August 13, 2005

Favorite Konos Memories from Kindergarten and Preschool Year

Kaden was only four and a half, and Morgan only two and a half when we started Preschool and Kindergarten for them. I was using the Konos Volume 1 Curriculum book (having been given it on loan by a friend), and I did a very light version of the units, usually staying only one week or two on each subject, since they were so little. I was unaware that the kids could soak a lot more in than I had suspected. It wasn't until near the end of the year, when we met our friend Kelly, that we started to co-op (get together as a group to learn together and participate in activities, field trips, and events together). Kelly and I enjoyed planning and teaching better in our little co-op than we had separately as much as the kids enjoyed the social interaction. Morgan, although only three at the time, still has memories of our Indian Unit we did with Kelly's family. Homeschooling is wonderful in that it allows you to pick and choose the kids your children become friends with in the early formative years. There are so many really wonderful homeschool families that I have met. Kelly's family has been one of those - and we met because of Konos.

The list below just skims the surface of the vast idea-factory that pumps out creativity through the Konos Volumes. I think Jessica Hulcy and her helpers who wrote the books are some of the most creative people in the world! If I sat and listed all the activities we did for Konos, it would take forever. I am simplifying this list for the sake of the reader. I am sure we'll discuss this year's line-up (we are still using Konos) in much more detail as the year progresses, but for the mean time, in reviewing previous years, I will just highlight some of the most cherished memories for you.

Benefits that we enjoyed that span across Konos Units, regardless of topic:
  • Participate in a co-op with other children (so fun!)
  • Learn Vocabulary Words with units - lots of neat words
  • Bible Memory and Character Building lessons woven into every topic
  • Geography, History and Science comes alive in ways no textbook could dream of!
  • Researching and planning was as much fun and informative to me as for the kids!
  • Topic related field trip suggestions in every unit
  • Wrap-Ups (parties at the end of larger units where you dramatize, dress up, cook, etc.)

Things we had fun doing... and the unit they were associated with:

Indian Unit:

  • Make Maple Sugar Candy/Pemmican

  • Paint Totem Pole (cardboard boxes)

  • Indian Feast (artifacts, costumes, book reports, native foods)

  • Do an Indian Rain Dance with Music CD

  • Dance like the SW Indians with Snakes (plastic) in our mouths

  • Make a map of the Indian Tribes and regions

  • Make Indian necklaces, vests, and masks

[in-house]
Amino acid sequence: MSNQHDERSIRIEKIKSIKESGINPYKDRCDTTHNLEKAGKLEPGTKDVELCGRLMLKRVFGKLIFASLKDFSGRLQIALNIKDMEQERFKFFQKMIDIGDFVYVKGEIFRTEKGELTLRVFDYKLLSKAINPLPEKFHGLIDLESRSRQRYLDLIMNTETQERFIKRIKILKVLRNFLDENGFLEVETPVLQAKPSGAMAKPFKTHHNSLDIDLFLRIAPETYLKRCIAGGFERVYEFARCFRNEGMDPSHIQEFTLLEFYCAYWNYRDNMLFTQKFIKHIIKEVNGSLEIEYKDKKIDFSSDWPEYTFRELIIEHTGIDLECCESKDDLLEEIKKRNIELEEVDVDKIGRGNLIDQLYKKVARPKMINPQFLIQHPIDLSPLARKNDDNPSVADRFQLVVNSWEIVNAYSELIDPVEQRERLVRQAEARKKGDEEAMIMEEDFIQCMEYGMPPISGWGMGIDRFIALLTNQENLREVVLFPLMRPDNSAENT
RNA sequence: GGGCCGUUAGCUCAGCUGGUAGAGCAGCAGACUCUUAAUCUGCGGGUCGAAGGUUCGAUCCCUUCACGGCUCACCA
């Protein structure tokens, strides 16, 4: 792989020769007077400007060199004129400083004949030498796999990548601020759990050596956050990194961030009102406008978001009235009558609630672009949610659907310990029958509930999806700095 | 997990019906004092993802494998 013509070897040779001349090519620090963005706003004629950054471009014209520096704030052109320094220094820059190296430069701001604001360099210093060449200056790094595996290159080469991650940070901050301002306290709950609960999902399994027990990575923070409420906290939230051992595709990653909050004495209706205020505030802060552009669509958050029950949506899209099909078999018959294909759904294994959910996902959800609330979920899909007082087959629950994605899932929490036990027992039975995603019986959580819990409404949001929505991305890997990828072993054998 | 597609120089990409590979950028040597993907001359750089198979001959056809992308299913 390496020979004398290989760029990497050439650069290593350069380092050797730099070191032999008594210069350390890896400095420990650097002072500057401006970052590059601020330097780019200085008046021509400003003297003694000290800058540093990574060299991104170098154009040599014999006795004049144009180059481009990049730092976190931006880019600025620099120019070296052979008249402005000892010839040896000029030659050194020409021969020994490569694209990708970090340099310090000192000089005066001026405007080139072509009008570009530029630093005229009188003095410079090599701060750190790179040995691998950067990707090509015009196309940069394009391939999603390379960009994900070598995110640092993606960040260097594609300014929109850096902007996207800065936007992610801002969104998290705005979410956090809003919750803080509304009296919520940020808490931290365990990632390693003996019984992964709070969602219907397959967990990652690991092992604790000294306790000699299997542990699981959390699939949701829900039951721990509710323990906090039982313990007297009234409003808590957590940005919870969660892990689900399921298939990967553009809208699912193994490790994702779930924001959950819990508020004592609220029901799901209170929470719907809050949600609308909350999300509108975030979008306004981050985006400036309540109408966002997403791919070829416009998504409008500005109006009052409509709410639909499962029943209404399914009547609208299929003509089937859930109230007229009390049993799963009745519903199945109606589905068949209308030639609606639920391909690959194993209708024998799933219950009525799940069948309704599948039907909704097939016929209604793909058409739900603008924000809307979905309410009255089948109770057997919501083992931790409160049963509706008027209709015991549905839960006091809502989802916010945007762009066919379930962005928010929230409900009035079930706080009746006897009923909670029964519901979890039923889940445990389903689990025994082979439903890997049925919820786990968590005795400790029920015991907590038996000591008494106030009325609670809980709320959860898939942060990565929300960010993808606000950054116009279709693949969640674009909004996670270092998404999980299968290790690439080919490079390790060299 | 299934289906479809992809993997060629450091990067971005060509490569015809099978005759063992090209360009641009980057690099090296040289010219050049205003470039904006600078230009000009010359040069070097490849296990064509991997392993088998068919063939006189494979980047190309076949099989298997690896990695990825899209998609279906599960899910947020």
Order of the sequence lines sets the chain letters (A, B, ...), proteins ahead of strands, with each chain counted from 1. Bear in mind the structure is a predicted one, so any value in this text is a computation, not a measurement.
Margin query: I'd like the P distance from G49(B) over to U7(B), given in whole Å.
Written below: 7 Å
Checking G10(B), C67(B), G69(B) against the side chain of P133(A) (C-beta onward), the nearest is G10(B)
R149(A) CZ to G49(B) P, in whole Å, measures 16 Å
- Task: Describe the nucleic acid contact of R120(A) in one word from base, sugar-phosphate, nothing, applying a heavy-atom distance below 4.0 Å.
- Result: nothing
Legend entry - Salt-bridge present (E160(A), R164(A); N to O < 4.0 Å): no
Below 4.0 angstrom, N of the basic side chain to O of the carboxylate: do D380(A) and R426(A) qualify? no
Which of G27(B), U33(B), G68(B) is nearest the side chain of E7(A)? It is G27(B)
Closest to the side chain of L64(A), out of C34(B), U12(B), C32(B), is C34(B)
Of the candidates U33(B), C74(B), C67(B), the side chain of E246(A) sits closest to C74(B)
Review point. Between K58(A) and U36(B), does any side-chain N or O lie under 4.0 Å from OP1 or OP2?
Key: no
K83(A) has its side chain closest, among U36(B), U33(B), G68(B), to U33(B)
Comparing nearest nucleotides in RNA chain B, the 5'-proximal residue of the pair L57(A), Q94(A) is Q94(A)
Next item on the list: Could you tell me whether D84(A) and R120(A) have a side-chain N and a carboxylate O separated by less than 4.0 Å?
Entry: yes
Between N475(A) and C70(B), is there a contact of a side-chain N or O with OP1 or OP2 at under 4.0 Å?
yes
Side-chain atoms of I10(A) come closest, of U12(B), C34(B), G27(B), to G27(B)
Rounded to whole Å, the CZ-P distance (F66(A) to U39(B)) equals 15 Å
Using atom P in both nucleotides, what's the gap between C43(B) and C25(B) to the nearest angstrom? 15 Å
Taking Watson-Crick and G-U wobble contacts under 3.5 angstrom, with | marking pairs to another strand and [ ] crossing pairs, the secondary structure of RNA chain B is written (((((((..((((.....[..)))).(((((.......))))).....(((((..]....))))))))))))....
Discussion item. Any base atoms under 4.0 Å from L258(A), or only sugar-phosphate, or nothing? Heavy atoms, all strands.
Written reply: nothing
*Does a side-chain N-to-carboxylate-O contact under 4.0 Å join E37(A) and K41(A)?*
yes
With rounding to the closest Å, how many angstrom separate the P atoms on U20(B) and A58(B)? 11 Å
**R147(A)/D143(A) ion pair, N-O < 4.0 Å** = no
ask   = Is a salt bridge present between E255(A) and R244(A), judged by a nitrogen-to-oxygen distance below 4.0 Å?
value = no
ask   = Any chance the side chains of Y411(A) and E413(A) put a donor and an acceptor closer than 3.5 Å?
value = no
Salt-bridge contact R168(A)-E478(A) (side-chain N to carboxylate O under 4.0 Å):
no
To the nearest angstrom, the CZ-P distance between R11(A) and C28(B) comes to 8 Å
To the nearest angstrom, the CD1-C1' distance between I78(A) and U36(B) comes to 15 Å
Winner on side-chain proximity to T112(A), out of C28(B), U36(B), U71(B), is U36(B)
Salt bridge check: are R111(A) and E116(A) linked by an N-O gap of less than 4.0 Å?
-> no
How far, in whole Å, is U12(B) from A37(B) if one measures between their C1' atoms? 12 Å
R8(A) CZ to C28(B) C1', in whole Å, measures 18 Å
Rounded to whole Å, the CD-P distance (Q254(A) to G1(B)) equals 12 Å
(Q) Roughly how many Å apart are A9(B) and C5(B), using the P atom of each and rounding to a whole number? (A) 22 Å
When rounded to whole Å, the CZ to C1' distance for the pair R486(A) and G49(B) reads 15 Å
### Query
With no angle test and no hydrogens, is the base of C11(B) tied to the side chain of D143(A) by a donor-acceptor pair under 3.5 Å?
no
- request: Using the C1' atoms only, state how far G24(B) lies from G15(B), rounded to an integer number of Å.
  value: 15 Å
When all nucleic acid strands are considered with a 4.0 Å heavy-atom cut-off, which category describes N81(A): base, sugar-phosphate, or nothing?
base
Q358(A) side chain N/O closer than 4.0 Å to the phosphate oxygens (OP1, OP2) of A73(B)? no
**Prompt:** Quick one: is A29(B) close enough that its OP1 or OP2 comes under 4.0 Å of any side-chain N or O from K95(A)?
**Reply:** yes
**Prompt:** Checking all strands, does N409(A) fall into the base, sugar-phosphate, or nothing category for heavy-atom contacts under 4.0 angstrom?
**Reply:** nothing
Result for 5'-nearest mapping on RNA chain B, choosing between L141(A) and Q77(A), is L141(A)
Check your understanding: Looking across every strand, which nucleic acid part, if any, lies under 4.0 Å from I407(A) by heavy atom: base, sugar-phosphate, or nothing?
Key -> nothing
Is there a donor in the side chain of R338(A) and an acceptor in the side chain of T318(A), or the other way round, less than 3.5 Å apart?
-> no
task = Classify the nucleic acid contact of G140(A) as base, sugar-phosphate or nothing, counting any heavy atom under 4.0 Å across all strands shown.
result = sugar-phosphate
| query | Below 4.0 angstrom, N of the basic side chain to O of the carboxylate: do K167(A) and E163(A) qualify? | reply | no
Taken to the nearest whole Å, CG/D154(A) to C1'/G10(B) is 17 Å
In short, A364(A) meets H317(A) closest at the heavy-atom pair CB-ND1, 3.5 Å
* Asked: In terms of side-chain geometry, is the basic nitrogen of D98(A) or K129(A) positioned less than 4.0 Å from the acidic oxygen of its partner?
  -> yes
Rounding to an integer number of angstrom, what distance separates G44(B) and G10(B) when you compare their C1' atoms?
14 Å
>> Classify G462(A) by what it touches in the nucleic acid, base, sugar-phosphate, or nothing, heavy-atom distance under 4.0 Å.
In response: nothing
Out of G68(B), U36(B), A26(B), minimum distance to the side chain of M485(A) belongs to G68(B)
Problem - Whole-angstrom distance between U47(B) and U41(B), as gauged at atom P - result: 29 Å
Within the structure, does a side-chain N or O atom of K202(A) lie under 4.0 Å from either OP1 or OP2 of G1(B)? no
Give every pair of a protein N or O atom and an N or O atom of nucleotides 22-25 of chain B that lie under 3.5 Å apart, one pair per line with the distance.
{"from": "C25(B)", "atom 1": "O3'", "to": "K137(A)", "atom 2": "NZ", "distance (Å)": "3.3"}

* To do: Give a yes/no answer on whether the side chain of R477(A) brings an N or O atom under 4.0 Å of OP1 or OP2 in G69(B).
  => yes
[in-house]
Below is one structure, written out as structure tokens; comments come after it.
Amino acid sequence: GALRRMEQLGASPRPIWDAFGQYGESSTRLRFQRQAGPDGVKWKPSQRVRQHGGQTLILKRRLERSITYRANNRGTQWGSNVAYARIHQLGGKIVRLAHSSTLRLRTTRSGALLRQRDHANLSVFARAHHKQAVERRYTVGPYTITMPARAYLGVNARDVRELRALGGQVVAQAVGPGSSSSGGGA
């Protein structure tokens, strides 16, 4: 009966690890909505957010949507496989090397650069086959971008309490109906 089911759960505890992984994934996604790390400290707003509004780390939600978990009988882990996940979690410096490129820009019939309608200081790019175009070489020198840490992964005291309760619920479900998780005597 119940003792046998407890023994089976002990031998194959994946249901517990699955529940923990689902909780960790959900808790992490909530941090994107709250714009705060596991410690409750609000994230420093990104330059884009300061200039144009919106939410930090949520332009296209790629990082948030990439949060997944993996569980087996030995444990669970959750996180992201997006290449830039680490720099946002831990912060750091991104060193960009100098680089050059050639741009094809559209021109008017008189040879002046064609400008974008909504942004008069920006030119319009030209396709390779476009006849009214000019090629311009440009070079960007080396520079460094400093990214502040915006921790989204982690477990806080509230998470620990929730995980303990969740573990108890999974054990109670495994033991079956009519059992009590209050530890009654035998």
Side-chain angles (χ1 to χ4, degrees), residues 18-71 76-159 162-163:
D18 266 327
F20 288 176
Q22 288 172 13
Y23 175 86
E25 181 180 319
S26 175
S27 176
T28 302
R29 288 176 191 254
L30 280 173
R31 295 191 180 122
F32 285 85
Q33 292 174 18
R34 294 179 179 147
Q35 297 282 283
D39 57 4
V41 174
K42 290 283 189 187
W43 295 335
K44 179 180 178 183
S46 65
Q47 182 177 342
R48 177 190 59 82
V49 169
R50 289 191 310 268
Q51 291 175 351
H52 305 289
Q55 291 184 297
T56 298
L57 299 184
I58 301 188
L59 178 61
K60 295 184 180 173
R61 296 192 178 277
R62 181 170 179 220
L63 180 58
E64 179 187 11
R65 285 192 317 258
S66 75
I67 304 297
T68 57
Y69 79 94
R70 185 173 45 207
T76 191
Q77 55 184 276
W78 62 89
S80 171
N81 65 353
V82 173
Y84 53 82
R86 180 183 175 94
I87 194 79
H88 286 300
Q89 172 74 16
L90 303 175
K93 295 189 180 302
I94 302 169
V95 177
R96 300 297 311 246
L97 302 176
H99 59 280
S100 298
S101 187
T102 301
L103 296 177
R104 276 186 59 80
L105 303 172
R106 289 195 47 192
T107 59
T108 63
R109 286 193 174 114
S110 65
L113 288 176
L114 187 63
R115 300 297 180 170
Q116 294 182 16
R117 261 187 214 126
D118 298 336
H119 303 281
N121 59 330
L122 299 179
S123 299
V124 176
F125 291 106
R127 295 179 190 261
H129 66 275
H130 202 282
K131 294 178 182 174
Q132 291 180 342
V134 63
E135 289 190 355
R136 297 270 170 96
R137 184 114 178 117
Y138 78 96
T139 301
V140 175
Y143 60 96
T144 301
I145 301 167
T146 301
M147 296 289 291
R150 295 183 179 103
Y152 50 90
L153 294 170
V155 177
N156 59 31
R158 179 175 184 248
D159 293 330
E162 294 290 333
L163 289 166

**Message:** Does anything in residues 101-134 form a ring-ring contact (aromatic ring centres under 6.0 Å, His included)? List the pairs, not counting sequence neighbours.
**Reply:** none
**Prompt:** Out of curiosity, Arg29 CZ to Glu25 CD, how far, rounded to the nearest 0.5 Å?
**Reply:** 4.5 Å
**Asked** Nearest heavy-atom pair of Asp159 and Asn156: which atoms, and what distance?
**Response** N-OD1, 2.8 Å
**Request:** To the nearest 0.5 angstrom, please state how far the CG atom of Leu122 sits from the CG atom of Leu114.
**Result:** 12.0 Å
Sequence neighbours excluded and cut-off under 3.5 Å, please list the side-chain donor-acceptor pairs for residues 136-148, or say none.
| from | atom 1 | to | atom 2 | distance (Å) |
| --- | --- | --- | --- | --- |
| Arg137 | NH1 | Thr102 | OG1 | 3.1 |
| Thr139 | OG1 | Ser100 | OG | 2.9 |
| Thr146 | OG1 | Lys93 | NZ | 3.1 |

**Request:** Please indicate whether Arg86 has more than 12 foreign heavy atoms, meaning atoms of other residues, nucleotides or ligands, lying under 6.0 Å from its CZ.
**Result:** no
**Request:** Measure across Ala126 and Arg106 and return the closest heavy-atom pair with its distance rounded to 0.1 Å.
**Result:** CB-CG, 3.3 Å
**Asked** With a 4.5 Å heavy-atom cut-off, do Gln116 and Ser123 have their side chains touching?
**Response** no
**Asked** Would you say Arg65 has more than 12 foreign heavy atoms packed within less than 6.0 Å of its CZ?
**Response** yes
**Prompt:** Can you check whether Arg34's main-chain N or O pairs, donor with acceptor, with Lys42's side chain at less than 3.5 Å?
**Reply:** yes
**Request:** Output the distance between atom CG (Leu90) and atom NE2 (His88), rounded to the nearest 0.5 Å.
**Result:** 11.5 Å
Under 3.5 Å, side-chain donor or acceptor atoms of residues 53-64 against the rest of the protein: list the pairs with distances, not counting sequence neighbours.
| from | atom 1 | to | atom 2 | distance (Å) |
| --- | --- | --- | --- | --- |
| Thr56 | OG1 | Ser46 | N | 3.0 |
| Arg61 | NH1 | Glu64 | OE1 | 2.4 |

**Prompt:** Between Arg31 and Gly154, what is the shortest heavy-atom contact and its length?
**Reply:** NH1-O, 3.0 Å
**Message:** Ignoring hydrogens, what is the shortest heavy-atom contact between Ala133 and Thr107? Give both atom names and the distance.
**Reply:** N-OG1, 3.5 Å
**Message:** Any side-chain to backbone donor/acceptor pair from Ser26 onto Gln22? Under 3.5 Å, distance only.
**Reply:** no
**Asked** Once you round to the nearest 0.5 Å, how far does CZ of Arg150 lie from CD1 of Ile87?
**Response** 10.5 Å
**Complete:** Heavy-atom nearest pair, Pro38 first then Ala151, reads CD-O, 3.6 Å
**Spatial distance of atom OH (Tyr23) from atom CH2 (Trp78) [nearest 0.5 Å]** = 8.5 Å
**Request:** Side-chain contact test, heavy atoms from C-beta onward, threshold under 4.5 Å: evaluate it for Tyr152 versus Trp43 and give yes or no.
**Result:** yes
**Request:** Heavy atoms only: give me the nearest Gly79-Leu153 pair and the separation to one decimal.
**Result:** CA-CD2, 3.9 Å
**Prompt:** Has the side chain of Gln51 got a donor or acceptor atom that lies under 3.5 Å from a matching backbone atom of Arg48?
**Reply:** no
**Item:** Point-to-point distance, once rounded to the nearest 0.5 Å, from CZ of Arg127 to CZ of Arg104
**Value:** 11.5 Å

• Build a Teepee and Paint it

  • Shoot bows and arrows

  • Sit on a fake deer-skin and pretend to be an Indian

  • Make a turtle rattle shell

  • Dramatize an Indian ambush

  • Paint our faces with "war paint"

  • Learn some Indian sign language

  • Put daughter's hair in a squash-blossom hair-do and paint her part red

  • Color Dover Stained Glass SW Indian designs and hang in window

  • Make a sand-cast painting

  • Grind hard corn in a Mexican Mojalete

  • Paint a Navajo Rug

  • Reenact sheep herding

Five Senses Unit:
  • Draw the Five Senses

  • Draw Road Signs

  • Mystery Box game (guess by touch)

  • Adjective Game (guess by adjective what it is)

  • build the structures inside the ear with furniture and crawl through naming them as you go

Animal Classification Unit:
  • Classify your plastic toy animals by: Mammal/Fish/Amphibian/Reptile/Bird

  • Line up with your friends in order of tallest to shortest, most freckles to no freckles, longest hair to shortest hair, oldest to youngest

  • Take an animal classification quiz on the internet

  • Play animal charades

  • Have an animal treasure hunt inside

Planet Classification Unit:
  • Make planet mobile

  • Make a rocket out of an appliance box (use dry ice for liftoff smoke)

  • Listen to outer-space sounds on the internet

  • Cut out large cardboard circles and paint the planets

Bird Unit:
  • Dissect a duck

  • Measure string to the distance of the largest bird's wingspan

  • Sketch a bird

  • Do a bird beak experiment picking up items with different tools for each beak type and different items to resemble bugs, worms, etc.

  • Flap our arms like a bird to see where a duck might need muscles

1 comment:

Anonymous said...

Hello, my name is Christy. I have a 4 yr old daughter. I am going to start teaching her kindergarten in the fall. I have looked a abeka but part of me wants to do something different than the school at home. Since it will be my first year homeschooling I am kind of scared to try something different(since the only thing I know is the school way). I was wondering how much research time is needed for each lesson. We have several libraries around us but since we live in a small community I am afraid we may not have access to all the books needed. If you could please e-mail me an give me more information on the curriculum I would really appreciate it.
My e-mail address is

Thanks for your time.




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